Josip Kladaric: Paradox. Very profound.
Vexelius: The thing about classes and libraries and all that is, yes, they are more work, but you can see what you’re getting. Each class has its methods and variables clearly documented. I can look and see what each function takes as a parameter, what it does, and what it returns.
Compare that to blender. Yes, the API is documented, and all my python scripts run fine. Where I’ve used bricks, they pretty much work fine too. In fact, pretty much everything I have the direct ability to influence does what I expect it to do.
The problems start where I can’t see them. The game engine seems to handle every possible thing contrary to my expectations. I’ll encounter some strange behaviour, which will delay me for days of trial, error and frustration, until I finally stumble upon a workaround. I’ll end up with an object that won’t move unless it’s parented through about five Empties, or has twenty unnecessary one-off properties. Then when I come to add in some new functionality, I have to use trial and error again to work out which of these Empties to add logic to, which properties to change, and if the property in question isn’t attached to the same Empty, how to get them to cooperate without spawning a whole load more useless spaghetti. In the end I have to bin the lot and start from scratch, and the process repeats.
For example: I found no information on how the game engine deals with groups. There was a rather useless Library Linking video on the Yo Frankie! site that walked you through the two-step process of adding a group that had no logic and sat there doing nothing. There was something else stating that groups had been successfully used for ‘logic sharing’ in Yo Frankie - it had pretty Venn diagrams and directed me to the game’s source files. On opening any of these files on my laptop (Ubuntu 8.10) blender crashes immediately, and even if they didn’t I’m afraid I’ve always found it impossible to understand things by looking at other people’s blends.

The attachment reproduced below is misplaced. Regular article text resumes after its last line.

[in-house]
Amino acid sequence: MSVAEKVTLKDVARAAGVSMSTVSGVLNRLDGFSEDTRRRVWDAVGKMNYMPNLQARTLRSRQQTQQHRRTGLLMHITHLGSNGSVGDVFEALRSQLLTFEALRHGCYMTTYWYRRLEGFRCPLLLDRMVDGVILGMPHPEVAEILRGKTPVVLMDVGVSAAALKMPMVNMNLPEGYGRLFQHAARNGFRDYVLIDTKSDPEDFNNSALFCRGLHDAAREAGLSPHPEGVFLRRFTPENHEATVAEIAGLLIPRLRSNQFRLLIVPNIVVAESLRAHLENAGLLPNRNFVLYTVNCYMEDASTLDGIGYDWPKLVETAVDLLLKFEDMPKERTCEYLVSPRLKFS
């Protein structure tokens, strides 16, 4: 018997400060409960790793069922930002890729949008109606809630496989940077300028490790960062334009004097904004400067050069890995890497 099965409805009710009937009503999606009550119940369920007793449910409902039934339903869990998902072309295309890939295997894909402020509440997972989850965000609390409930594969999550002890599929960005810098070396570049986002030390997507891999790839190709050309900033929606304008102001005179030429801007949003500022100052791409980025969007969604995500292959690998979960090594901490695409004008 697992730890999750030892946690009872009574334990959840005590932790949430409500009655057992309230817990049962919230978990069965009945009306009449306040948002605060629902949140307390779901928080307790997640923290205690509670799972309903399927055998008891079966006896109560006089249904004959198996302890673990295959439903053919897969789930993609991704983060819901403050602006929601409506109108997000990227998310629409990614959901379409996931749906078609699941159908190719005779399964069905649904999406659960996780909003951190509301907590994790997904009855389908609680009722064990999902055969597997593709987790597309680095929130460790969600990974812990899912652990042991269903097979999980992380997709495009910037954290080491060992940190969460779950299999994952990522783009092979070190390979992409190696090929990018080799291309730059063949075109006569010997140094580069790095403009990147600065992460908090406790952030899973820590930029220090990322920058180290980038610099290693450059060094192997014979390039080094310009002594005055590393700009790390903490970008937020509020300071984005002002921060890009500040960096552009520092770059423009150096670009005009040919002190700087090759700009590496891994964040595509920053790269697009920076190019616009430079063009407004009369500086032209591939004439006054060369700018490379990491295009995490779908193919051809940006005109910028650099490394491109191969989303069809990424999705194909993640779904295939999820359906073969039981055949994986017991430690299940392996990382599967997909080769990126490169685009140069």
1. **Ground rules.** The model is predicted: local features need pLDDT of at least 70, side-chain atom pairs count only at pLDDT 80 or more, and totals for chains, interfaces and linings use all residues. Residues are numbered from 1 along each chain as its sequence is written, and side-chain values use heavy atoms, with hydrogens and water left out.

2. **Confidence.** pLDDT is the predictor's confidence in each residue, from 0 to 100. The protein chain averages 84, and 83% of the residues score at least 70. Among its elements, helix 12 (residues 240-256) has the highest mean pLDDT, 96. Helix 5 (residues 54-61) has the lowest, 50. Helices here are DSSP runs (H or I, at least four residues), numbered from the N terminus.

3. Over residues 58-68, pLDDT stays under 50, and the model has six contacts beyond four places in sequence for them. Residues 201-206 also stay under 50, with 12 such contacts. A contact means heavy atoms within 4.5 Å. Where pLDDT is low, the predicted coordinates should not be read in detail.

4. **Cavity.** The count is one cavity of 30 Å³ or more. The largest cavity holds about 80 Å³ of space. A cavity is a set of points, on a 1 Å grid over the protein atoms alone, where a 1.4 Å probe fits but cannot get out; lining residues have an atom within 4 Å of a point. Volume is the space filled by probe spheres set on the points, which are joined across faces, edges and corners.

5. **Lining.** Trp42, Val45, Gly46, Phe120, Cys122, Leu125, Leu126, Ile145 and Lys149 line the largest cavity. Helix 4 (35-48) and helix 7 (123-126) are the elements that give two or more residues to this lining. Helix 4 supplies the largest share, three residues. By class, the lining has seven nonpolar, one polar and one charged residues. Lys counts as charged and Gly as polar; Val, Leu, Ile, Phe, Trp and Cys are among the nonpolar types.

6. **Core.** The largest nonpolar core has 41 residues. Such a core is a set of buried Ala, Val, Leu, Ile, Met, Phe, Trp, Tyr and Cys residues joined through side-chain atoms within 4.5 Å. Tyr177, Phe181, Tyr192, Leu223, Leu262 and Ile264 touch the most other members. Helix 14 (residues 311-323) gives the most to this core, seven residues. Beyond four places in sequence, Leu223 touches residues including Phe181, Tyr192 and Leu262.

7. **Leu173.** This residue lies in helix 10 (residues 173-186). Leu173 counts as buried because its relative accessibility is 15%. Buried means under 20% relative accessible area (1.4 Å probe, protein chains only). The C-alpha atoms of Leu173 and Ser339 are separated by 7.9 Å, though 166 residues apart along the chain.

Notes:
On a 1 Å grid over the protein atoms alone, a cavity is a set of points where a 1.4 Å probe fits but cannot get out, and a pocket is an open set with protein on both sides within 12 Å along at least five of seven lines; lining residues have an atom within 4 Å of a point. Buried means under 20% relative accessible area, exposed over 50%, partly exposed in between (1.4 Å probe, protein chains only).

Eventually one of the devs on the forums (think it was ideasman) explained, and the explanation made sense enough once you knew about it. But since then, there have been thousands more related complications. There’s one bothering me at the moment which seems to have sprung from nowhere because I didn’t see it in the last attempt:
If I make an object and tie it to my module control.py, I can control it with the arrow keys. If I use an Empty instead of this object, with a mesh object parented to it, it works too. If I delete the mesh object and just use the Empty (which I’ve just proved works fine) as a Dupligroup instance, the orientation controls work fine, but the object won’t move backwards. Moves forwards, which is exactly the same code plus a minus sign, but doesn’t move backwards.
So I’ve ended up with one Dupligrouped Empty parented to another plain Empty with logic. Which will work fine, until tomorrow when I try to add anything else.
So, in light of that, I don’t particularly think that using another engine in place of the BGE is that bad an idea. I would rather learn a new language from scratch and do twice as much writing in exchange for being responsible for all my own bugs and able to just look through documentation instead of having to constantly second-guess the software I’m using. It may well be a lot more work, but at least I will have some confidence that I’m actually making progress.
The way you describe Sandbox, it sounds a bit too simple for what I need (I’m working on a space shooter, so I need proper physics and collision detection with 6 degrees of freedom, plus some level of scripting ability for the AI.) Unity’s website looks fantastic but it seems to be only for Mac. I’m looking at C4 now.
Sasori: I may do that, OGRE for graphics and Bullet for physics. Will spend just a bit more time looking for that mythical all-done-for-you gamekit solution and then plough in.
If anyone else has any other suggestions, please don’t hesitate to post them.